Obama announces $600 million in grant programs to prepare workforce for jobs
The grant programs total $600 million, money already in the federal budget. The decision to designate the money for these grants arose from a review of federal jobs programs by Vice President Biden, who joined Obama at a community college outside Pittsburgh to make the announcement.
"Too many Americans, if they are lucky enough to have a job, are working harder and harder to get ahead," Obama said. "We've got to make sure we have an economy that's more than just growing for the top down, but from the middle class out."
Obama's push for new job-training programs has been made more urgent, senior administration officials say, by the rapid pace of changes reshaping technology, the economy and the education system.
Positions in those fields are open now, senior administration officials say, but the challenge for schools and for industry is to establish broadly accepted vocational training that will prepare the workforce for the next generation of jobs in a fast-changing economy.
Here at a campus of the Community College of Allegheny County, where Obama spoke in a long warehouse with shelves of engines, parked fork lifts and stacks of shipping pallets along walls, educators have designed programs that the president said work and should be replicated across the country.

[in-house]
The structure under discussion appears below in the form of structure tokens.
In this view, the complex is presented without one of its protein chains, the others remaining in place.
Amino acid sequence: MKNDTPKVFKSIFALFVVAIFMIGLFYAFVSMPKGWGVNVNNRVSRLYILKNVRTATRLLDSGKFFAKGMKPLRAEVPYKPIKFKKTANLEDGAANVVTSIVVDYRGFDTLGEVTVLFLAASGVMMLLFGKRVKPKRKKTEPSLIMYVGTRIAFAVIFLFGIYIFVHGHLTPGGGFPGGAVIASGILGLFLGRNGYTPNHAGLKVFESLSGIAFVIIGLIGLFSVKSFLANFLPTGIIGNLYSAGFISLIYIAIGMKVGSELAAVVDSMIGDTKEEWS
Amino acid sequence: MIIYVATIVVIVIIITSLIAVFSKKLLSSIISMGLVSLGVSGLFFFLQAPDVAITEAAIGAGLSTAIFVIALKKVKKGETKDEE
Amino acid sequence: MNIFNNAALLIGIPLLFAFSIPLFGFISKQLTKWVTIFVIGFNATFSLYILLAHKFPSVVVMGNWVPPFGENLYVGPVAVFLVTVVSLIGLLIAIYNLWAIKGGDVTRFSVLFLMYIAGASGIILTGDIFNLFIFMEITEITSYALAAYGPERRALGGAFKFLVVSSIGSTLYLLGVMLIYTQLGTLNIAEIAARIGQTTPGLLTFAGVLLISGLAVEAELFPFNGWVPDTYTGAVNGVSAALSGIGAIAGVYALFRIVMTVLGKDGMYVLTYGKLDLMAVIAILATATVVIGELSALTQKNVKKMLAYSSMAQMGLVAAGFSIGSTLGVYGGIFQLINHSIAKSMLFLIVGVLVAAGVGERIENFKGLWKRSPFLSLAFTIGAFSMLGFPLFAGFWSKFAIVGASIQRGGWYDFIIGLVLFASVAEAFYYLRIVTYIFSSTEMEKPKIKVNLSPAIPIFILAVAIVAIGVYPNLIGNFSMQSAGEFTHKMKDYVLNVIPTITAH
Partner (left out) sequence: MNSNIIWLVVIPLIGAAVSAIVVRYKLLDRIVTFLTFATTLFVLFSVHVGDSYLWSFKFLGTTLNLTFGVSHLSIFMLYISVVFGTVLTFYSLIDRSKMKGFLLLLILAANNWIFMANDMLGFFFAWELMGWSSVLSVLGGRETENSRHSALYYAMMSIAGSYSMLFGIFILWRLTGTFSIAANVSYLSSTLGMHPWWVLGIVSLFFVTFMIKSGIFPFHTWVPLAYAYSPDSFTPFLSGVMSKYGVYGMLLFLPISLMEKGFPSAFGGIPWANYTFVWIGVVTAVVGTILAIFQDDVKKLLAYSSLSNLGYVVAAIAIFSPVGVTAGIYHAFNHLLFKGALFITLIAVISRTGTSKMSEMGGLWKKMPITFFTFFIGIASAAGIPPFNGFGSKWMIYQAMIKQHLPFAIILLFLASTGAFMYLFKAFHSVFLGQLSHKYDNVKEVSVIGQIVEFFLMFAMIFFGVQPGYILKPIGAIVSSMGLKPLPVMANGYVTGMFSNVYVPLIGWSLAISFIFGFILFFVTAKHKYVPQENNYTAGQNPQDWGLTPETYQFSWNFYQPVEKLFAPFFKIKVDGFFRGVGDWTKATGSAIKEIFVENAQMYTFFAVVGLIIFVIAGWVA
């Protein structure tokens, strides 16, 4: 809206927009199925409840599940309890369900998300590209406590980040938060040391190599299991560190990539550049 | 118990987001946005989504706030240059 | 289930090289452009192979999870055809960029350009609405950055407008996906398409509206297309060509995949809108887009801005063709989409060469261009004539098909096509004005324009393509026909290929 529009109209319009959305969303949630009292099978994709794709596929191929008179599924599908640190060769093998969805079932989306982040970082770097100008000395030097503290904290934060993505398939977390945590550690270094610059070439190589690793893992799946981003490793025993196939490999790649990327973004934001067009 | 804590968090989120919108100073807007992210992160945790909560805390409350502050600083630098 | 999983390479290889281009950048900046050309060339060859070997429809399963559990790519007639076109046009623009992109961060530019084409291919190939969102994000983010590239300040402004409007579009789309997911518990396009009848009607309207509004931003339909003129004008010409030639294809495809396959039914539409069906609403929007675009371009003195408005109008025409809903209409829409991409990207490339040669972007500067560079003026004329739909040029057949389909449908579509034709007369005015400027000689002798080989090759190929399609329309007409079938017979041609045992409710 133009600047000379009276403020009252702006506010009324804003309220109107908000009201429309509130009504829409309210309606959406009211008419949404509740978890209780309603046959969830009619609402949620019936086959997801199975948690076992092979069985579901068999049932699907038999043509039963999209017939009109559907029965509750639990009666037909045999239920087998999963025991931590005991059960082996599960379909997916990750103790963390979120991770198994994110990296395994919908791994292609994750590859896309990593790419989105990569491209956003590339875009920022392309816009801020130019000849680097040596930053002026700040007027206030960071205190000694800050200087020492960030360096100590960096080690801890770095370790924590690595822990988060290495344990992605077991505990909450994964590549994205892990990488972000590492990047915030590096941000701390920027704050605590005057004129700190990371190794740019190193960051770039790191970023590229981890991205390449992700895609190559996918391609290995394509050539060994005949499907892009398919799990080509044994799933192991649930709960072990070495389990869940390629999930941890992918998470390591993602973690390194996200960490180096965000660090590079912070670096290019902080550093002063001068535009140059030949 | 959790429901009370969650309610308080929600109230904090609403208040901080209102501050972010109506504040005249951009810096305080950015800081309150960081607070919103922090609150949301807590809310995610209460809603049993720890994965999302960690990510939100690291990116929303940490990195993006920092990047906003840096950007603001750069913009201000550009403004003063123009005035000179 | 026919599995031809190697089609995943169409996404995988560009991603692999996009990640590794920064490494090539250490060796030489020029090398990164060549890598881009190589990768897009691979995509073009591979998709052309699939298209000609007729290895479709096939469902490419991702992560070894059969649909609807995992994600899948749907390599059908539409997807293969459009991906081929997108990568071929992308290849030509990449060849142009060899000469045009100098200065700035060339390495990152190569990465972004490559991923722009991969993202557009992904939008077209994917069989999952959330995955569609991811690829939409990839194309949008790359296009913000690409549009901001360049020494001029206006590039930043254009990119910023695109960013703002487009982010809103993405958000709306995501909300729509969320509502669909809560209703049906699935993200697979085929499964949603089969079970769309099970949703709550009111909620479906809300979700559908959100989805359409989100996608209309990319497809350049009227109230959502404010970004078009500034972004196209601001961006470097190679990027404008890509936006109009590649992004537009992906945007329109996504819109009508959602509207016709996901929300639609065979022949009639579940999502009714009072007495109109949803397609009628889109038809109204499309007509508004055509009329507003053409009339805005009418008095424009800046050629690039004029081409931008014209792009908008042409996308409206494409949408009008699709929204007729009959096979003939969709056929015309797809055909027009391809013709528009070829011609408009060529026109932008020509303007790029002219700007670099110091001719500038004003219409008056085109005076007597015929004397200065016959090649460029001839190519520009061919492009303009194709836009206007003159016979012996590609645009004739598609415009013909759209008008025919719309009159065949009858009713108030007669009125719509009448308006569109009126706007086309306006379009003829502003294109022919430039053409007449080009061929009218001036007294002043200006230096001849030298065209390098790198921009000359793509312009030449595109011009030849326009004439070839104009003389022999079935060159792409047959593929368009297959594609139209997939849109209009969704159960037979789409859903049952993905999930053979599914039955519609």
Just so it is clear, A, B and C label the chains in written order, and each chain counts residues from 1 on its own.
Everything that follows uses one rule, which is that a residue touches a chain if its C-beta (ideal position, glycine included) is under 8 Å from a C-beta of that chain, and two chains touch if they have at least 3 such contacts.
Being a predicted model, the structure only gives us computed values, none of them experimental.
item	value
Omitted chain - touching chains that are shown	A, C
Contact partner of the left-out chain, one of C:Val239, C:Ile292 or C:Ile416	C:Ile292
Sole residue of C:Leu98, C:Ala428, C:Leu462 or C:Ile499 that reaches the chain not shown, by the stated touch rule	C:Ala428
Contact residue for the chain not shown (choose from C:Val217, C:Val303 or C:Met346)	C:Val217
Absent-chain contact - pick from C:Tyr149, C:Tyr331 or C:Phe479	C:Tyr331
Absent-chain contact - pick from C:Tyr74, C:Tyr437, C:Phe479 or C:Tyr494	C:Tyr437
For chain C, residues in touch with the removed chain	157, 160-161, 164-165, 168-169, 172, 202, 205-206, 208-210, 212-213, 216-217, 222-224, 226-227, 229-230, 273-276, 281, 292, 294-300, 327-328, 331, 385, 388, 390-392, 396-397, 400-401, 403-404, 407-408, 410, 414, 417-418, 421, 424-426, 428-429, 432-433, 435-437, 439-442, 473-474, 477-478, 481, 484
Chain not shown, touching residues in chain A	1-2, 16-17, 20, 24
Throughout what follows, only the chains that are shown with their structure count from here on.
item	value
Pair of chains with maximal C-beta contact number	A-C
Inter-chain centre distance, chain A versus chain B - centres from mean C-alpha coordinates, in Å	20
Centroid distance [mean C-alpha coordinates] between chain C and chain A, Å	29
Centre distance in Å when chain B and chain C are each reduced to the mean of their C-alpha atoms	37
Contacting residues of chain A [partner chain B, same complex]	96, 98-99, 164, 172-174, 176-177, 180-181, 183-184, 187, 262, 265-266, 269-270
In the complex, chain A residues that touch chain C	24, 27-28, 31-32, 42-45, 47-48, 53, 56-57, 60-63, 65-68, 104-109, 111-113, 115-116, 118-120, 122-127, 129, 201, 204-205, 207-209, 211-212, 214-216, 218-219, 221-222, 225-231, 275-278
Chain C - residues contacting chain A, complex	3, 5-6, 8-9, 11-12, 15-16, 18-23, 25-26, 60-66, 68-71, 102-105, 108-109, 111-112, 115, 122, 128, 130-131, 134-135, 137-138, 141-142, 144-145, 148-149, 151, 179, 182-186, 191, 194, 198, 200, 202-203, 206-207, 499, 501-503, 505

"You're doing something right that is making a difference in people's lives, and we want to spread the word," Obama said. "It's never been more important for our folks to be trained for the jobs that are there - and for the jobs of the future."
In his State of the Union address, Obama asked Biden to head "an across-the-board reform of America's training programs to make sure they have one mission: Train Americans with the skills employers need and match them to good jobs that need to be filled right now."
The announcement Wednesday emerged from the review. But several previous presidents, including Obama's two immediate predecessors, proposed similar ideas to better adapt the workforce to the jobs that the economy was creating.
Senior administration officials said this initiative is attempting to be different, calling it "job driven" rather than dictated by training that may not be best preparing the workforce for the skills needed to secure jobs and a career path.
Doing so, they say, requires far greater collaboration between business and community colleges - what one senior official described as a "collaborative ecosystem" - to design the right training, set standards recognized across an industry and not just by one company, and clearly outline the route from training to a job.